Peggy and I had a very productive day shooting the suitcases yesterday. We are continuing to make great progress, and still have hopes that we can finish all the cases by the end of the year.
I have always been fascinated by the labels that are on some of the cases and this one is particularly interesting. The White Star Line has an interesting history and even though there is a bit of confusion about the name of the ship here, I am quite sure it is the Britannic. (On the label it seems to say Britanica, but when I did an online search only Britannic came up.) The “Sailing from” line is very difficult to read, but it looks to be Qu….town (Queenstown?) and the sailing date is “Sep 28″. The port of landing (such a quaint phrase) is definitely New York. You can see the U.S. Customs sticker in the shot below.
So, as usual, lots of questions come up and I am hoping that anyone who knows about ocean liners and travel might have some suggestions about what route this might have been for Agnes M. If any of you want to do some serious work on this, I can email a high res file of the label.
Karen Miller, my friend who is using the cases and their owners as a basis for writing amazing poems was in Rotterdam with us yesterday, and she and I realized that we were both passengers on the SS United States in 1957. She was on her way to the UK to live there for a year with her family, and I was returning from some months in Europe and the UK with my family. I posted about that trip here.
Today I finished printing all the smaller prints for the backers of my Kickstarter campaign. I posted an update on my KS page for backers, but I wanted to mention it here as well. I LOVE printing these images. There is something about how they look on paper, as opposed to the computer screen, that knocks me out. I have printed extras as I usually do, and for any of you who missed out on the campaign and would like to be a part of the project, I would be open to selling prints. Just shoot me an email or comment below and I will be happy to talk about pricing. I’ll start stuffing and addressing envelopes tomorrow. Thanks for all the interest in the project and have a great week.
It has been a while since I have posted any suitcases. It is never far from my mind, but there is a lot going on in other areas of my life. There seems to be an uptick in interest for some reason. What usually happens is that a blog or website picks it up and it starts spreading anew. Greetings to new viewers. / I have always loved cases with exotic travel labels, and Delmar’s had a few.
I wonder when he went to South America.
I will be at Willard this Saturday for the annual tour. I would encourage any of you who live nearby to come. There is a$10.00 admission, and it is a rare chance to get into some of the buildings and wander around the cemetery. There are two tours; 9.00 AM and 1.00 PM. I will be at the one in the afternoon . Here is a link with information. Hope to see you there.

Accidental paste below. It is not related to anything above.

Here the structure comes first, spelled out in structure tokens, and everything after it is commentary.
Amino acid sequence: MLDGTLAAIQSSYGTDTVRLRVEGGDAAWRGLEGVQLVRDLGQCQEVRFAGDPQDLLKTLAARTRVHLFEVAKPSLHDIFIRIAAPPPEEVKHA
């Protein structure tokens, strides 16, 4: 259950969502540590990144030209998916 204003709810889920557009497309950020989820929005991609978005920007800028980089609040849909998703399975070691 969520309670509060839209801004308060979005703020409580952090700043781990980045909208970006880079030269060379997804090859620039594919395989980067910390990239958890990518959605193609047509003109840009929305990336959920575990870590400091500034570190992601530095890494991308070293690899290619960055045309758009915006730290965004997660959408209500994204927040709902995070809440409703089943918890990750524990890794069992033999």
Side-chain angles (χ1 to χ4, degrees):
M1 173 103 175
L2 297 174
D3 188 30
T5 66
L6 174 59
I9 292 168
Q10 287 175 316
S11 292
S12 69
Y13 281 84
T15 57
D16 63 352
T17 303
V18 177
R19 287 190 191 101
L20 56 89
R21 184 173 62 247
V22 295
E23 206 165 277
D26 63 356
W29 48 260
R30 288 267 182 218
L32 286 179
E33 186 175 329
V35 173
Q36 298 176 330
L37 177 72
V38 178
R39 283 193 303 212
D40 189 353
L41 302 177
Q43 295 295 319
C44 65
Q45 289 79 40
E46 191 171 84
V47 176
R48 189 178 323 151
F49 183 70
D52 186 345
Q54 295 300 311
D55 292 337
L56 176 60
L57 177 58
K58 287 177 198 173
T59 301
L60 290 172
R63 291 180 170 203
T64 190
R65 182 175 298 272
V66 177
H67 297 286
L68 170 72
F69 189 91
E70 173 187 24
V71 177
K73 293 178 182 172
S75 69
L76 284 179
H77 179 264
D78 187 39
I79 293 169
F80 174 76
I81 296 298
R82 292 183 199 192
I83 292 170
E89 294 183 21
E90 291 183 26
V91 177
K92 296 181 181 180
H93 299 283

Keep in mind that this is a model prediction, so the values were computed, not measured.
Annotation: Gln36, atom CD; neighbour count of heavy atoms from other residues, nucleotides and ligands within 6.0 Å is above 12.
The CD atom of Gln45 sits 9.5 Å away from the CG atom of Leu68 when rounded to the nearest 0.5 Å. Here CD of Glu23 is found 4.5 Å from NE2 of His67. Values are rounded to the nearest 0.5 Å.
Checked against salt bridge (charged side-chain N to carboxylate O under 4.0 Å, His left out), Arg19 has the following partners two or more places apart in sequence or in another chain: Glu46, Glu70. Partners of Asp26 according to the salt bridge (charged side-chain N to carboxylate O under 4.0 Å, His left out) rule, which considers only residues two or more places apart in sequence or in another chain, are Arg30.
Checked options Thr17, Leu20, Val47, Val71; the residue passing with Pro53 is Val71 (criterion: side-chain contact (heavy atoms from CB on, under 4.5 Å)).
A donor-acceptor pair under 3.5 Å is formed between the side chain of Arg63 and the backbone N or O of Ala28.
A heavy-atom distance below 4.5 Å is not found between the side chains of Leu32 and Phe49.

Good morning everyone. The New York Times doesn’t come until after 9.00 on Sundays so I wander around waiting for it to show up. These daffs are just outside the back door so after my third time checking for the paper, I realized I should take a picture and post it here. / I am at the beginning of a week where I plan to spend maximum time in my studio cleaning, organizing, and generally getting rid of stuff I haven’t used in years. I started yesterday and it feels great. Back to shooting suitcases tomorrow and am very excited to be going with Ilan Stavans, as he has an interest in a particular case. Wishing you all a great week, and early delivery of your Sunday paper.
Near the end of a day’s shooting yesterday I asked Peg how many suitcases she thought we had photographed. She went to her computer and checked the database. We were up to 248 (out of 420) with two left to do before we shut down for the day. So we are well past the halfway point, and I was really cheered that we have made it so far. I shot the first case in March of 2011 and haven’t really been paying attention to the numbers, so it was a very pleasant surprise to see our progress.
John’s briefcase is particularly interesting, with a varied collection of items. All of the onionskin papers in the background are English language word and sentence exercises. It is possible he worked at General Electric for a time as he saved the pension and insurance plan brochures. And he was clearly a fan of the Lone Ranger and Tonto, Dwight Eisenhower, Mickey Rooney as well as cheesecake shots of women. The reporter’s notebook is especially interesting as it is full of a stream of conscious like composition in his beautiful handwriting.
Thanks for all the support and interest in the project. Cheers, Jon
After a bit of a break, we were back to shooting more of the suitcases yesterday. It was a productive day, and after the intensity of the Kickstarter appeal, it was nice to be back to doing what is the most important part of the project.
Anna’s case was in nice condition and the wicker pattern was lovely.